He hadn’t seen his path until he was right in the thicket of all that he gained and all that he would soon lose.
Sun belted against his suit jacket charging him up. He hadn’t slept. His coffee was bitter today. That suited him just fine. People left the elevator. He entered. The doors shut them out as he rose up. His life was made of people’s hands. Jim, Marie, and the other three hundred he employed. His office was in the centre. Total glass. He had nothing to hide. Everyone knew about his work and yet not really. They saw him in his office. He could see the glazed eyes of the filers and the determined ones projected by the interns. Behind this glass no one could touch him, and no one could truly see what he was working on. His mum called him twice a day, his therapist thrice.
Papers piled on his desk. He went through them. They had sat there for a while. They would be dusty if not for the cleaners. Three months had gone by and he had found better use of his time. In fact his trophy from his clubs golfing tournament was terribly glossy in the light. He smirked. His email account went off. 40 unread messages. All read URGENT in the subject line. He received an email from Viktor himself.
The deal hadn’t gone through accordingly.
He searched for the last few papers.
Here they are, he thought.
He punched them into the calculator, it was like a needle jabbed him in each arm with every tapped number. They didn’t add up. He tightened his tie. It wasn’t loose. A migraine peeled through his eyes forming blue dots. He didn’t have time. Not for any of it. He looked at his glass of water and didn’t drink it. He pushed back a hard deep breath and phoned his secretary. She came in. She left. She brought with her files, files that he supposed wouldn’t add up. Greg tapped on his door inviting him to lunch. He said, not now. Greg left. He had cold arms, or was they hot? It kept changing. He called Eloise. She didn’t answer. He called her home. She said she didn’t know where Blake had gone, they were divorced, and she said why the hell should she know anyhow. She hung up.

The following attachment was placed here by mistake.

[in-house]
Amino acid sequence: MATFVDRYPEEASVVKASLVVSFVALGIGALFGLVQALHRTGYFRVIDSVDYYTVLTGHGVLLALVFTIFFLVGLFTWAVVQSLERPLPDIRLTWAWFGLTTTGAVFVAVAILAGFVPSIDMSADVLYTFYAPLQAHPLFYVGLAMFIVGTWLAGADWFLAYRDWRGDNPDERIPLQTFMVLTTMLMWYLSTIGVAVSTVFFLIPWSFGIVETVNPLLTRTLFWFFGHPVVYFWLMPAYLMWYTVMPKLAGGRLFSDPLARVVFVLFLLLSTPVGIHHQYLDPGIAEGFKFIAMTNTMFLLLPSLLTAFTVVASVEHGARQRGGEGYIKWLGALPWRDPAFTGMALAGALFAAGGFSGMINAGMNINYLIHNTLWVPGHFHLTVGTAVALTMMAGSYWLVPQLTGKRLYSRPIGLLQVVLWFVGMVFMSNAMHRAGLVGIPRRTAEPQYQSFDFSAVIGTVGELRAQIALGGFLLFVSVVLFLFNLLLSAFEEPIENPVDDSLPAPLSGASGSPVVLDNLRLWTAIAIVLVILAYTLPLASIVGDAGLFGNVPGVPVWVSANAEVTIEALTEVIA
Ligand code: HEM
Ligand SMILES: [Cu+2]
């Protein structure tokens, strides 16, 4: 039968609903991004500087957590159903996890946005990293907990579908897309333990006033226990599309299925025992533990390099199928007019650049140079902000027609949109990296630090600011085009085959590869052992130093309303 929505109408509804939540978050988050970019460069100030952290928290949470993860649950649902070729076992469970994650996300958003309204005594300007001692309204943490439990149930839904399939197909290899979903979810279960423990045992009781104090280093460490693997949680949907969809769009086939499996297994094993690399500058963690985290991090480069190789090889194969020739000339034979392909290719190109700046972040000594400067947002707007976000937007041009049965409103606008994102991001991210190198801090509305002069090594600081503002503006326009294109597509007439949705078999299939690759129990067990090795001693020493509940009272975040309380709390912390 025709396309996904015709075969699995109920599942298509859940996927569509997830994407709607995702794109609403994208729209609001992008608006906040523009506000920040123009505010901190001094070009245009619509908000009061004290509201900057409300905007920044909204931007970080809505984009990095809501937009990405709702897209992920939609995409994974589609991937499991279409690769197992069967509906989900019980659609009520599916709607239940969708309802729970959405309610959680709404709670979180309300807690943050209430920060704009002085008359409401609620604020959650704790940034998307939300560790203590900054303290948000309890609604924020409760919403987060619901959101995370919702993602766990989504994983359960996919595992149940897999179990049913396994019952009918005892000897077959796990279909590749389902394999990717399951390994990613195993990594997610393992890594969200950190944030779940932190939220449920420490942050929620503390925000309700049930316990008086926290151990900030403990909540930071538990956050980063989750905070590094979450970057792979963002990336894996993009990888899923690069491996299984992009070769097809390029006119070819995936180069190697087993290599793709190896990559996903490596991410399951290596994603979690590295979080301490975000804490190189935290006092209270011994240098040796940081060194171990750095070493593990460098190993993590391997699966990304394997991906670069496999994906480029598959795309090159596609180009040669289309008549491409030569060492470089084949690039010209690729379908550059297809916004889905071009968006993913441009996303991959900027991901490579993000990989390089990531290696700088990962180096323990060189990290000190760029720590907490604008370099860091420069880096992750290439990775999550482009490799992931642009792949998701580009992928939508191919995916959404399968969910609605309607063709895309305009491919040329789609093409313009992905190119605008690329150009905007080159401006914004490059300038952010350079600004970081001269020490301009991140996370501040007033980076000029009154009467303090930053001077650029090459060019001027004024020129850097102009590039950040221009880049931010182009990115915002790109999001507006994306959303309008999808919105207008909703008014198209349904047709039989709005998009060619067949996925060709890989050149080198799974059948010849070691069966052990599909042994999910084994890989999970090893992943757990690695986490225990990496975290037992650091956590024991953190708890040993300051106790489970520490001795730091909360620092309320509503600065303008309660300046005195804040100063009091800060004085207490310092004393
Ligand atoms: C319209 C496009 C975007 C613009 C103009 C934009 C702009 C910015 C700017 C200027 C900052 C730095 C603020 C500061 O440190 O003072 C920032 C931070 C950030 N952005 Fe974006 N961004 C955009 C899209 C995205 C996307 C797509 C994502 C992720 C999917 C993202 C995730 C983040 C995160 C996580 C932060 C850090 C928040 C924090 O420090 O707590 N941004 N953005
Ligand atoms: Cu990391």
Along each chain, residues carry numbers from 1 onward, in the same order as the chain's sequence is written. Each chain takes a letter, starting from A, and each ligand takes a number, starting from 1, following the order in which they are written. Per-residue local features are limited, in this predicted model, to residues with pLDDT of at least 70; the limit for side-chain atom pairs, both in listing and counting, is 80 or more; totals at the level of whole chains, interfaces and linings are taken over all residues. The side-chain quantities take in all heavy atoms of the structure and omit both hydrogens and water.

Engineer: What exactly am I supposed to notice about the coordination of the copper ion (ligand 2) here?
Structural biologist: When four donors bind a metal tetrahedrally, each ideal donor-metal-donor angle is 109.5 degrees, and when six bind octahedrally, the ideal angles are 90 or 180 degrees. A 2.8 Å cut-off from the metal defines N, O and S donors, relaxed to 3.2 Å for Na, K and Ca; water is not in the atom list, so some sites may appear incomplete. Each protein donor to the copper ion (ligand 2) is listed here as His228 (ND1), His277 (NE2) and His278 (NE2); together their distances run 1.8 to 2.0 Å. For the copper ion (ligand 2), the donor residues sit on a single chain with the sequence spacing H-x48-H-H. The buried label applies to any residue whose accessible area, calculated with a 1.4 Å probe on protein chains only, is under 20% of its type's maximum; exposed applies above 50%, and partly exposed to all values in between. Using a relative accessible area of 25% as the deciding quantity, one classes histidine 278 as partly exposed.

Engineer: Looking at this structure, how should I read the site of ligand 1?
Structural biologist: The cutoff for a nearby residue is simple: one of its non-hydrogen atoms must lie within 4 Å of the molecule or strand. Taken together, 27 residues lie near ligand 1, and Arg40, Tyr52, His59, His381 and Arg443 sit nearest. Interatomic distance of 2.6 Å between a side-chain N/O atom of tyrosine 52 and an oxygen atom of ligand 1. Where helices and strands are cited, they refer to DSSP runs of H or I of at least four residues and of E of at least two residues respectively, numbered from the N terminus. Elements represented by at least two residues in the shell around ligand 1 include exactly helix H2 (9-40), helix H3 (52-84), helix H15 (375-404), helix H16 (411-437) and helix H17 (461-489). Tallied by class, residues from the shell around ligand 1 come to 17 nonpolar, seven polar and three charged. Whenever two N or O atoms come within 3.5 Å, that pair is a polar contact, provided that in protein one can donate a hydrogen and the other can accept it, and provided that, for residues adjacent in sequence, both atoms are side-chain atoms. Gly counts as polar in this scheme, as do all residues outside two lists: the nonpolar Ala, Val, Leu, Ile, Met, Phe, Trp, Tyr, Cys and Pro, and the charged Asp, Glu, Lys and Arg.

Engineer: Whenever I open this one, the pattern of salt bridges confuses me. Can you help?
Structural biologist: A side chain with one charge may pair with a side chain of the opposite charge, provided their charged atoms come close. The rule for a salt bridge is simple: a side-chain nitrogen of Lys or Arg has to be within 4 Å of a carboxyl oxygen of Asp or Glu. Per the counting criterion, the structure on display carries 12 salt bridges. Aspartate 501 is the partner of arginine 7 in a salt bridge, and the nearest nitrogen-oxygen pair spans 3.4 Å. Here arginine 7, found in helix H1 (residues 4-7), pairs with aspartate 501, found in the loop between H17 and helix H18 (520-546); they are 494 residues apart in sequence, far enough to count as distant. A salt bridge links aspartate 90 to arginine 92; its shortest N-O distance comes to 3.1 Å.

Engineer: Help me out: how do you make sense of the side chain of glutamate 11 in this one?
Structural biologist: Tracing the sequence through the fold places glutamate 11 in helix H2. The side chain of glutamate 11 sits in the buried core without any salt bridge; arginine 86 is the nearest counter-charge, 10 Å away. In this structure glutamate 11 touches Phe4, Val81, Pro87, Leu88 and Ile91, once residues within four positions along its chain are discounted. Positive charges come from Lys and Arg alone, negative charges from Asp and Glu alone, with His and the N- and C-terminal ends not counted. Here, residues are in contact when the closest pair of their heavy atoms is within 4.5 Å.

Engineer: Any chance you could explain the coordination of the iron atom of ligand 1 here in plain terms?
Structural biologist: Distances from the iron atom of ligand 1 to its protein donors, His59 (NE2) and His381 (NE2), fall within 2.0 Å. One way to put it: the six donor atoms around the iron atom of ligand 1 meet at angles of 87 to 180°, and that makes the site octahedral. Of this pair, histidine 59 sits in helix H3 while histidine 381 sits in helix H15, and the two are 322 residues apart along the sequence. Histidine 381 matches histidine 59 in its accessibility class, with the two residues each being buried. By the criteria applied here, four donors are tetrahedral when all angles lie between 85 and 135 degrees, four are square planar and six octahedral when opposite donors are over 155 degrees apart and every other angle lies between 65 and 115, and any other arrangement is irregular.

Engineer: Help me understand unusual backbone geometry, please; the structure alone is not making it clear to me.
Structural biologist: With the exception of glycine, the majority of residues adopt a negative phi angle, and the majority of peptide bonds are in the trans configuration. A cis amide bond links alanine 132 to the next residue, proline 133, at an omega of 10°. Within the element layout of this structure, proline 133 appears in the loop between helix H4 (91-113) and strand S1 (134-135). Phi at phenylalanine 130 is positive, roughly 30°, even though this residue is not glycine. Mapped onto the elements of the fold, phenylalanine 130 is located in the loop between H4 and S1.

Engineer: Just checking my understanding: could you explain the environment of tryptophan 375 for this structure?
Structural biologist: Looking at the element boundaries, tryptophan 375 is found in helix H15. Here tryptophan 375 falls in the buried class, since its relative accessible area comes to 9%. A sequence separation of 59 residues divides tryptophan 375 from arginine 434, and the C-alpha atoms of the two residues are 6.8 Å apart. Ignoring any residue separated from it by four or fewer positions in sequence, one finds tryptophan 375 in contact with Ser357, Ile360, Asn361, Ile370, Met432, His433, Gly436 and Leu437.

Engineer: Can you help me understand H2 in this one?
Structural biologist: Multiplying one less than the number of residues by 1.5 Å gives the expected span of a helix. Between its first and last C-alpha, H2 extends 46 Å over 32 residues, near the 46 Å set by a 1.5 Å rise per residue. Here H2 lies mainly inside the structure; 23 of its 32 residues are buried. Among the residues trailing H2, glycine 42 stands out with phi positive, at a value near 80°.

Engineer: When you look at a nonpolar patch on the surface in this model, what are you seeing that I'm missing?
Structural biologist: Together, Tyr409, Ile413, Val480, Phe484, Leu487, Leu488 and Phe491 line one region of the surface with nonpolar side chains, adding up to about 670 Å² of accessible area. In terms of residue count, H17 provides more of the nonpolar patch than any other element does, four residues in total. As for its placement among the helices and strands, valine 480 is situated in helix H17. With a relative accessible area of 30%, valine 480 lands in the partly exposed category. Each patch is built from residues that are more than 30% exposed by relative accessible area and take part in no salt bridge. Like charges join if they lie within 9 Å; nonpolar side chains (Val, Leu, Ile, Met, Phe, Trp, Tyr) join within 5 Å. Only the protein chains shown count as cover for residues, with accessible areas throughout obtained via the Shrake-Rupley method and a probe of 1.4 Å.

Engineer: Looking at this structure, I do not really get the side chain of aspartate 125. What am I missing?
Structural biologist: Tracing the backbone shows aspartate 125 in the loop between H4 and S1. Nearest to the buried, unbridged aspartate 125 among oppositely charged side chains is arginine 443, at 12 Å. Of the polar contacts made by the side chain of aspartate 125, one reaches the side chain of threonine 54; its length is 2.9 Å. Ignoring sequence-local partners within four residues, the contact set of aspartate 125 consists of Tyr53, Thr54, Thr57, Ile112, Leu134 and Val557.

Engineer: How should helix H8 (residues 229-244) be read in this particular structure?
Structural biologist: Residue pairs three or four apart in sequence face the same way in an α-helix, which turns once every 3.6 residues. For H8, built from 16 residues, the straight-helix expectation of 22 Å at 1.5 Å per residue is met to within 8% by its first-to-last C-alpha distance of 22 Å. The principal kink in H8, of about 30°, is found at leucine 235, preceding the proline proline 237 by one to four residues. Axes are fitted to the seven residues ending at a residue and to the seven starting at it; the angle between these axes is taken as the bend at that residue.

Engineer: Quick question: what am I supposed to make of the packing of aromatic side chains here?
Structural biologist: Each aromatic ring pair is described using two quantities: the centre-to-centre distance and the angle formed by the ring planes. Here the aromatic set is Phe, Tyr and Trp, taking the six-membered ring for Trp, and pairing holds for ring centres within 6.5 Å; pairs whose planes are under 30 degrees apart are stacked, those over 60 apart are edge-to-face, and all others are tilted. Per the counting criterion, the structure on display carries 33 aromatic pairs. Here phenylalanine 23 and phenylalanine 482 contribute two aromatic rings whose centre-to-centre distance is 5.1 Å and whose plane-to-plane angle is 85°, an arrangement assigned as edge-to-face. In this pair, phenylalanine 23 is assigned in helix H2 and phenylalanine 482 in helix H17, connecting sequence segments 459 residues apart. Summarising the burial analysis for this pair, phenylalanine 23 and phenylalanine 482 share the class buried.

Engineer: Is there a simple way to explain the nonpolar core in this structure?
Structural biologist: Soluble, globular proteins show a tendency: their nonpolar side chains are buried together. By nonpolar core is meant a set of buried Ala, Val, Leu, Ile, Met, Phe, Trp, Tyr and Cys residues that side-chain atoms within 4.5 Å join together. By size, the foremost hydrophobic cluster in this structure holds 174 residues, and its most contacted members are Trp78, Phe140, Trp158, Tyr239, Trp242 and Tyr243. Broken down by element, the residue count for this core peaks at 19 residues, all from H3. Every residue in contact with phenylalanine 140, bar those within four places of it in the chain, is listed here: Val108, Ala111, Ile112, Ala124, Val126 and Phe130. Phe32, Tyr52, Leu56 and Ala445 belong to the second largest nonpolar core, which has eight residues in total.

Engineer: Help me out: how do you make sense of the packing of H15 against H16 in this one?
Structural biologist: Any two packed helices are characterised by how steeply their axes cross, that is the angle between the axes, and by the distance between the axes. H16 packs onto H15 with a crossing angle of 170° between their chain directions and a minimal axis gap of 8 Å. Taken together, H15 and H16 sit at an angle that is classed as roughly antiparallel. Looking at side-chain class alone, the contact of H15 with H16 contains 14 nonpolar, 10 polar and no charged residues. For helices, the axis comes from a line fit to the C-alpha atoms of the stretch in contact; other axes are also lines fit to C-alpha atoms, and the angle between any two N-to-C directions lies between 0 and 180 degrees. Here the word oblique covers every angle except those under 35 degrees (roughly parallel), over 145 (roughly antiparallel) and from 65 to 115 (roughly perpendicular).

The first time he had gone to prison was as a boy and his Dad wanted to show him where the bad people go. He looked him in the eye and said, if you’re bad, I’ll bring you back and leave you here. He didn’t know why he thought of this as he walked into the cell, but as he stared at his own son, in the eye, he said, this is where bad people go, I will never let you end up here. There was no sun in prison but the shadow of the moon lit his cell. Shadows of metal bars made lines, all pointing towards him.
He didn’t know who forged his signature. Where the money went. Why the deal had been put into action. Blake did and Blake was on a boat. Blake was on a boat signing Henry on every paper. Every paper but one, his divorce papers. Eloise knew but was paid off, and none of Henry’s employees testified that it wasn’t Henrys signature.
But it wasn’t and six months later he was out, Blake was in, and Henry showed his son what a real bad person looked like, and it wasn’t him. Even though no one believed, in the end fact overruled public perception. Or at least just this once. Complacency was at fault to some degree. But how easily good can be tainted by lies and rumour and sometimes, although it isn’t nice or good or great you need to call these people out on it and say that isn’t me, I am good despite that piece of paper your forging as my name, as me Henry, the person, I cannot be forged because my goodness is my truth and your bad will, your lies are yours.